If, then, you claim inheritance as the foundation of your faith, be true to your principle, and it will lead you home. Trifle not with it. Truth bears the stamp of God. and truth changes man to the likeness of God. Trifle not with the pleadings of the Holy Spirit within you; for He has a delicate touch, and sensitively shrinks from wilfulness and unbelief. If truth struggle within you, follow it faithfully. Tread close upon the light that you possess. Count all things loss that you may win truth, without which the inheritance of God’s kingdom is not ours. Labour for it, and weary your selves until you find it. And forget not that if your religion be indefinite, you have no true knowledge of your Saviour; and if your belief be uncertain, it is not the faith by which we can be saved." In Lecture Two by Henry Edward Cardinal Manning, he goes for the knock out against these open heresies being taught by Priests, Bishops, Cardinals, even "Pope" Francis. " LECTURE II.
THE CHURCH A HISTORICAL WITNESS.
This is life everlasting, that they may know Thee, the only true God, and Jesus Christ whom Thou hast sent.”
BEFORE we go on to the subject that stands next in order, it will be well to re-stale the conclusions at which we have thus far arrived.
From these words of our Divine Lord, we have seen that the end of man is eternal life, and the means to that end the knowledge of God in Jesus Christ. Union with God in knowledge, love, and worship, is life eternal. And that man might attain to this end of his creation, God has revealed Himself to us in His Son. We have, therefore, noted the error of those who say that in Revelation doctrine is either not definite, or not certain. It is manifest that all knowledge must be definite; for if it be not definite, we may have guess, or conjecture, or probability, but true knowledge we cannot have. We have seen also that it must be certain, and that unless we have certainty we can have no faith, because the mind cannot rest upon uncertainty, as hunger cannot sate itself on air.
We have obtained, then, two principles; the one, that knowledge, though indeed it be finite, as it must be in a finite intelligence, is nevertheless, so far as it is known to us, perfectly definite. It is as a complex mathematical figure winch we see only in part, but in all we can see is perfect, harmonious, and proportionate, capable of being under stood, calculated, and expressed. Being in the mind of God one, harmonious and distinct, it is cast on the limited sphere of man’s intelligence in its unity, harmony, and distinctness. The other principle is, that the knowledge which God has given us of Himself is, in every sense, certain. We cannot conceive that the contradictory of that which God has spoken can be true, or that Prophets and Apostles were uncertain of what they believed and taught.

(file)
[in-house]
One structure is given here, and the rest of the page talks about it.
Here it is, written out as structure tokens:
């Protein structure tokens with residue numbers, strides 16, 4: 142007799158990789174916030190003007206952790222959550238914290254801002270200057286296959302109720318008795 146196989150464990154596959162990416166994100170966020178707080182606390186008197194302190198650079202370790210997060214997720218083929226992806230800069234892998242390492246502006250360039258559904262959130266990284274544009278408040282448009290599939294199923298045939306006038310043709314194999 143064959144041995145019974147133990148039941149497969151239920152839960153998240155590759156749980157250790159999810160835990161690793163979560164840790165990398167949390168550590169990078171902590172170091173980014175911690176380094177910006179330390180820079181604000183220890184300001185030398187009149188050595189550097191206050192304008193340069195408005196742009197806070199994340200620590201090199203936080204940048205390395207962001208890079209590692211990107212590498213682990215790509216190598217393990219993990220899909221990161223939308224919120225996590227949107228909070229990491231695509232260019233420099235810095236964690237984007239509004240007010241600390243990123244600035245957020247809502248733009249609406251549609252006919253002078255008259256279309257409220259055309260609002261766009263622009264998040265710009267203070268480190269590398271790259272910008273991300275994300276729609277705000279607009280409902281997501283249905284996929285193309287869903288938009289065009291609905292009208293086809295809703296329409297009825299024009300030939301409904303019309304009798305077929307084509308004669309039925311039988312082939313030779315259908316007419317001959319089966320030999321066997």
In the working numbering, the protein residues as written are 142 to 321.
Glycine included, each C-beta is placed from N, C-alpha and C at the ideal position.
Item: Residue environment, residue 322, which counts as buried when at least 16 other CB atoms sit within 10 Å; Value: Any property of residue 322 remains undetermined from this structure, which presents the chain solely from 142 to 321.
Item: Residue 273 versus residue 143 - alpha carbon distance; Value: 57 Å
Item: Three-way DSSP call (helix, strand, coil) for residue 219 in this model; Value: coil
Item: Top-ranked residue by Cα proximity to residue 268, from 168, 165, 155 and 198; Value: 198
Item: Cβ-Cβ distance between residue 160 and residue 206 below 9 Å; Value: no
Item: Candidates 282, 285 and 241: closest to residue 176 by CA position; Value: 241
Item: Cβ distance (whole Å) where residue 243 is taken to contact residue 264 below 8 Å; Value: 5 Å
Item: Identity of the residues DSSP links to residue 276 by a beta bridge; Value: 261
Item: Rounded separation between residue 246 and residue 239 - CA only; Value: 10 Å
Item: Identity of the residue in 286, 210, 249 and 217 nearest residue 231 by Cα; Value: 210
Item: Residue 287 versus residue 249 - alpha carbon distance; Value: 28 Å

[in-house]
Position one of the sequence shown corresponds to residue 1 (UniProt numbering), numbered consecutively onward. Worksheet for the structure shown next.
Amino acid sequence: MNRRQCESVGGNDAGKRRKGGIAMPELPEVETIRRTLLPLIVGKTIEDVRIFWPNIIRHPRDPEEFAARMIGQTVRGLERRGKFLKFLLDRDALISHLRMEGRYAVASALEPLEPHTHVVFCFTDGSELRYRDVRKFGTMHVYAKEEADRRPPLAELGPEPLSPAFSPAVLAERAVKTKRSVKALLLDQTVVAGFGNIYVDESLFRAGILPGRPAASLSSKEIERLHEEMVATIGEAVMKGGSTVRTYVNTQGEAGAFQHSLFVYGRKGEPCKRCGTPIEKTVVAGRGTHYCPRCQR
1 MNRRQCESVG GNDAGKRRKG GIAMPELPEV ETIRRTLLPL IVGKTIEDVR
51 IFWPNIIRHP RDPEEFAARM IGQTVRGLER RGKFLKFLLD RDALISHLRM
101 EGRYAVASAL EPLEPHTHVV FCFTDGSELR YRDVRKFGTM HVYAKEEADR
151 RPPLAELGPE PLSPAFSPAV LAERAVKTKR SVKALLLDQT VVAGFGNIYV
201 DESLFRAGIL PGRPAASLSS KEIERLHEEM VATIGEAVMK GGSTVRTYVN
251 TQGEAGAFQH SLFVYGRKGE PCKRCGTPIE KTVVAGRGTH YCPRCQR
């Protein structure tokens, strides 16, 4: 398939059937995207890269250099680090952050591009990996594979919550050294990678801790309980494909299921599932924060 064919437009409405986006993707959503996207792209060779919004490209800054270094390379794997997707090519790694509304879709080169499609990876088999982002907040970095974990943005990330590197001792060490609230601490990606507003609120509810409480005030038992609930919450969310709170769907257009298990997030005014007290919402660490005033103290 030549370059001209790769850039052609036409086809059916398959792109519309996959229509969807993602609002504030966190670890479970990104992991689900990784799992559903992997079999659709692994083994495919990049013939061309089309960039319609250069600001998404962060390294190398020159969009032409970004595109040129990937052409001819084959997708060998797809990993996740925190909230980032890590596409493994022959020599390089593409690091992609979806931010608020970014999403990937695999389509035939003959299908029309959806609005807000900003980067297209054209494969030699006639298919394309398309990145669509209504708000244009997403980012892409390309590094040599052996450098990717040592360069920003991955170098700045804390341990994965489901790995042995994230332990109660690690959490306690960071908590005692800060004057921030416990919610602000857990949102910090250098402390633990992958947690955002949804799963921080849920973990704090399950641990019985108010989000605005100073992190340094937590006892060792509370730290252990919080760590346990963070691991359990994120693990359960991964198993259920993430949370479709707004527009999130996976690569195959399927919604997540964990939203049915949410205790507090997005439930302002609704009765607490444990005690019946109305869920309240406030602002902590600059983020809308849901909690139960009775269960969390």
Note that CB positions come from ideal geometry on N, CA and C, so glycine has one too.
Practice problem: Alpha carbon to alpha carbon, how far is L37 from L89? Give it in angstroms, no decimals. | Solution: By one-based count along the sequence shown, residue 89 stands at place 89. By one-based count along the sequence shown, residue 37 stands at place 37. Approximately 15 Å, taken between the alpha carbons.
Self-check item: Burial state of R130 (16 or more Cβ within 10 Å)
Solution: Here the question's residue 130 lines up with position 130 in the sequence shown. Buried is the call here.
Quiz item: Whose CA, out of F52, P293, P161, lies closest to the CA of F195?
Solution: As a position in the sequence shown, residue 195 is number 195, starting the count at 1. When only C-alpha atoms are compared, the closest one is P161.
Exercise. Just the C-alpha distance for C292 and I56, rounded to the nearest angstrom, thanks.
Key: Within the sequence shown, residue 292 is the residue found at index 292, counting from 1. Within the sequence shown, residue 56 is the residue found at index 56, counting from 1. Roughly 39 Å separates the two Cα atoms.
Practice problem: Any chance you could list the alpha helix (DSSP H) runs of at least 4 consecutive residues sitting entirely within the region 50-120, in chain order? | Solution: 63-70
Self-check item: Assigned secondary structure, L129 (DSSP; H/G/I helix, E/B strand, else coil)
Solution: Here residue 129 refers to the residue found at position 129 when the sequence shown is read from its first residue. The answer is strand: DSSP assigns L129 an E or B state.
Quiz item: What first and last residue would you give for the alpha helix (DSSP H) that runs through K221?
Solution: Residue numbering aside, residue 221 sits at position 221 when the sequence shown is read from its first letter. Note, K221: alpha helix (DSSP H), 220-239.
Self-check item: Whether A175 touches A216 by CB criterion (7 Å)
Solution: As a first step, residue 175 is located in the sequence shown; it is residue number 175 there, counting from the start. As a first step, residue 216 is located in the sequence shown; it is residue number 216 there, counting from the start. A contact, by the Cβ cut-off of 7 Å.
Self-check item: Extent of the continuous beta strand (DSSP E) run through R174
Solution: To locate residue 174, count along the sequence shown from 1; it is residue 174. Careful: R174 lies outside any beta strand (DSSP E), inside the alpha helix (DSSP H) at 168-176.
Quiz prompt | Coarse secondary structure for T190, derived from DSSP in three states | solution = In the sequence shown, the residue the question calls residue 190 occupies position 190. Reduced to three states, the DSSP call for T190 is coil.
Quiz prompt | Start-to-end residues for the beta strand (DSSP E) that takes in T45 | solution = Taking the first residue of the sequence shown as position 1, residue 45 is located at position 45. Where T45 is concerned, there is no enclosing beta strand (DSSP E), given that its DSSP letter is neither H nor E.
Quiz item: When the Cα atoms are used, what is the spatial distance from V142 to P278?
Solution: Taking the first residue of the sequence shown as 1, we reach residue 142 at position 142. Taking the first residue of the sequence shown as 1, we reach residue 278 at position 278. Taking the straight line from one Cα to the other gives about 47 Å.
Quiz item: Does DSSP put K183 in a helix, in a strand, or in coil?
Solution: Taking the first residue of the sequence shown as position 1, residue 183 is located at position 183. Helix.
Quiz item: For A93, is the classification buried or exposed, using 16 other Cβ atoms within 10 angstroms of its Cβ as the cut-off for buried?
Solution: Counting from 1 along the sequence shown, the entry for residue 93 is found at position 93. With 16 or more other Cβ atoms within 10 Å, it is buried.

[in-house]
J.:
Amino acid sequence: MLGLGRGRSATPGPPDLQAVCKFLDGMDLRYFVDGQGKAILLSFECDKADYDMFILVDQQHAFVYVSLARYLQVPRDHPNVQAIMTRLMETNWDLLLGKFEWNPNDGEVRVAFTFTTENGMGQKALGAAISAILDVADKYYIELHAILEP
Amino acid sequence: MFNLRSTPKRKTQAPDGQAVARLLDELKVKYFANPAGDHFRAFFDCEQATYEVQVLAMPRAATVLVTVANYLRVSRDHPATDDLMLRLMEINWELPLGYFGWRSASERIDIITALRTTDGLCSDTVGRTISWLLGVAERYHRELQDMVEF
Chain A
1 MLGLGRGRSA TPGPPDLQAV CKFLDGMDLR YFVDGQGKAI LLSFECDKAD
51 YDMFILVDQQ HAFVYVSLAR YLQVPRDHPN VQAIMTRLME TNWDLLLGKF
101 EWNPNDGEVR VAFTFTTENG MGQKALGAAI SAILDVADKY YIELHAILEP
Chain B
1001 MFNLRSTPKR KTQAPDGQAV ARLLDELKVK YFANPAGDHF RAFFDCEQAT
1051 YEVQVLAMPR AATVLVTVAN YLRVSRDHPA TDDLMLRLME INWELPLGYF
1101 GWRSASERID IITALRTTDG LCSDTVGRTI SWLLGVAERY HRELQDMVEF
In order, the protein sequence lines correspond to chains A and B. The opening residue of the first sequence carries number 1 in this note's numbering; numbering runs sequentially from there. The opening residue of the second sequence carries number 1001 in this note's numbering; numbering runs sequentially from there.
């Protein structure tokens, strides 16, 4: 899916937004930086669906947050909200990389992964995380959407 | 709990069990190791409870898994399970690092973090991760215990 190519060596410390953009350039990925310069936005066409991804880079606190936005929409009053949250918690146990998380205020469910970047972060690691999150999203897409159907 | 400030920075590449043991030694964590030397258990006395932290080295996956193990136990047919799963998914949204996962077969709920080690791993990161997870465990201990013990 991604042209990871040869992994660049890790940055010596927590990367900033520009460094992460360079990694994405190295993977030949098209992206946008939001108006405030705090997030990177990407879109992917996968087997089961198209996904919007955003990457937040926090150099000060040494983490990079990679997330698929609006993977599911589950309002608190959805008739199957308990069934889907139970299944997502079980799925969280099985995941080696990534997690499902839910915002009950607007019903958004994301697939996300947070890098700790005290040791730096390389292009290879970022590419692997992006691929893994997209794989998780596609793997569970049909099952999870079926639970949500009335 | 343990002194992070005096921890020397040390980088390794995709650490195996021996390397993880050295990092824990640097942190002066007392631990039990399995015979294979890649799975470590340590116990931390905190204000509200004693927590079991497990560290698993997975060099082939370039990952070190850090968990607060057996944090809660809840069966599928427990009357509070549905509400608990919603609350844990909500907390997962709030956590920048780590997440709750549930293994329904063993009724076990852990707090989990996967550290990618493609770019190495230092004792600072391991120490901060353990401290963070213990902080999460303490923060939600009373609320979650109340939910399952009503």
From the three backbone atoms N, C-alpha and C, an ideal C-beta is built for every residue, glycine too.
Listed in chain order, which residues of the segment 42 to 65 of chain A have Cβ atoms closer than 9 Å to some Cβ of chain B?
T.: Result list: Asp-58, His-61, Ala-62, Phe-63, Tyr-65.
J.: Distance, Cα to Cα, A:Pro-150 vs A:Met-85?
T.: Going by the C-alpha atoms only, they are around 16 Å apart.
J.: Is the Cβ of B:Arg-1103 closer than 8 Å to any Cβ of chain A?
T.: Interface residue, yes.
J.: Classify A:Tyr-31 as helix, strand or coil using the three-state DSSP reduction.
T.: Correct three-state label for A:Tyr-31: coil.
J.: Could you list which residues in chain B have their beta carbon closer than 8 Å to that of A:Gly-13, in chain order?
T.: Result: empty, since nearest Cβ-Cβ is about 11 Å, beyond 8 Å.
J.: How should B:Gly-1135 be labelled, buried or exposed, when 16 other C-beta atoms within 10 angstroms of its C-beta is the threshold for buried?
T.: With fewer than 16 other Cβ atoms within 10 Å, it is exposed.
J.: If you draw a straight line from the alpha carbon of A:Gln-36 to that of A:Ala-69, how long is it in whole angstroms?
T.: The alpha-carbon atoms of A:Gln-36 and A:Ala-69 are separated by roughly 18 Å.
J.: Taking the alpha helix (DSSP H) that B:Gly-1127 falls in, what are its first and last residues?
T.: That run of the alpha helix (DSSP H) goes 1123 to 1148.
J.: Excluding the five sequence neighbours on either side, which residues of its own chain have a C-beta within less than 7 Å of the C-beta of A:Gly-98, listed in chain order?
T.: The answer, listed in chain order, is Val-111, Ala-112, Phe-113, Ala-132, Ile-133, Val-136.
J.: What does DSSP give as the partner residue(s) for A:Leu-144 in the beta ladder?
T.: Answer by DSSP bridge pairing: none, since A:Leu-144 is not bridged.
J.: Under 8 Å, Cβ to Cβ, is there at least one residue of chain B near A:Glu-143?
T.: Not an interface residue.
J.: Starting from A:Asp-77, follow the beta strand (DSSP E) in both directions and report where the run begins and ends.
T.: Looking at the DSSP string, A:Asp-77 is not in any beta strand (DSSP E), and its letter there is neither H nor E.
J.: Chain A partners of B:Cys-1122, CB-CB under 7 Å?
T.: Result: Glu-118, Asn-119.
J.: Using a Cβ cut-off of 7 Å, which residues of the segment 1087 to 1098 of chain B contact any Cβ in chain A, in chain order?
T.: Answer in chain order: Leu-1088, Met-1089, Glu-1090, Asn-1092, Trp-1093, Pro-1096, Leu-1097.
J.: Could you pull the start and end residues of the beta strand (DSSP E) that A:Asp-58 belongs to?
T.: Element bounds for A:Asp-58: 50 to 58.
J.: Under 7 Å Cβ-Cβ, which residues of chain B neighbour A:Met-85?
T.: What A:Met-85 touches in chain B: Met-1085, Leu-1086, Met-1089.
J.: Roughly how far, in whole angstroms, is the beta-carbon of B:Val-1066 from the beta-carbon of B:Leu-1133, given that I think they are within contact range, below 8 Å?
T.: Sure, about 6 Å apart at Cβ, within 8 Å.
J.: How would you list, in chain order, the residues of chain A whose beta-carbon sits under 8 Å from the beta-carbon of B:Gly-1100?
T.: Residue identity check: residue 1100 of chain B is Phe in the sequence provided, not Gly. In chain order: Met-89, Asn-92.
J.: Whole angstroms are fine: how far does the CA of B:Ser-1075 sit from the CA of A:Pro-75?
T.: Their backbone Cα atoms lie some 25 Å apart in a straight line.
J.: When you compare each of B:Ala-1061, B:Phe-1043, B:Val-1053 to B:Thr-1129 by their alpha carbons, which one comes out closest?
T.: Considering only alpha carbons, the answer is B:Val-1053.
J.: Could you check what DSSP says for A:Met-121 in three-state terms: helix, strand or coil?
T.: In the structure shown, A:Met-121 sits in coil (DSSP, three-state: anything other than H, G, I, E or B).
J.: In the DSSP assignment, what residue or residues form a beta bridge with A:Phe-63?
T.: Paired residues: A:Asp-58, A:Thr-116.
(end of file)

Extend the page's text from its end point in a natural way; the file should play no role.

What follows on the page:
And now we will go on to examine what is the foundation upon which this certainty descends to us. It is, in one word, the authority of the Church of God. But this authority of the Church is twofold: it is either the outward and extrinsic, which I may call the human and historical authority; or it is the inward and intrinsic, that is, the super natural and the divine authority. The latter we must consider hereafter. For the present we will examine only the outward or historical authority of the Church, upon which the certainty of revelation as a fact in history is known to us.
All who have traced the history of the faith know that there is no doctrine which has not been made the subject of controversy. Look at the records of Christianity, and you will find that heresy began with the first publication of the truth. In the first age, we find heresies assailing the doctrine of the Godhead of the Father, the Creator of the world. In the next age heresies assailed the doctrine of the Godhead of the Son; later again, the doctrine of the Godhead of the Holy Ghost; next the doctrine of holy Sacraments; later still, the doctrine of the Church itself. A vast schism arose, justifying itself by denying the existence and the authority of the visible Church as such. And because the existence and authority of the visible Church was so denied, the foundation of certainty was broken up, and the principle of uncertainty introduced. Age by age, and article by article, the faith has been denied, until we come down to a period when the characteristic heresy of the day is, not a denial of the Godhead of the Father, or of the Son, or of the Holy Ghost, and the like, though these too are denied, but the denial of the foundation of certainty in faith. The master-heresy of this day, the fountain and source of all heresy, is this, that men have come first to deny, and then to disbelieve the existence in the world of a foundation, divinely laid, upon which revealed truth can certainly rest.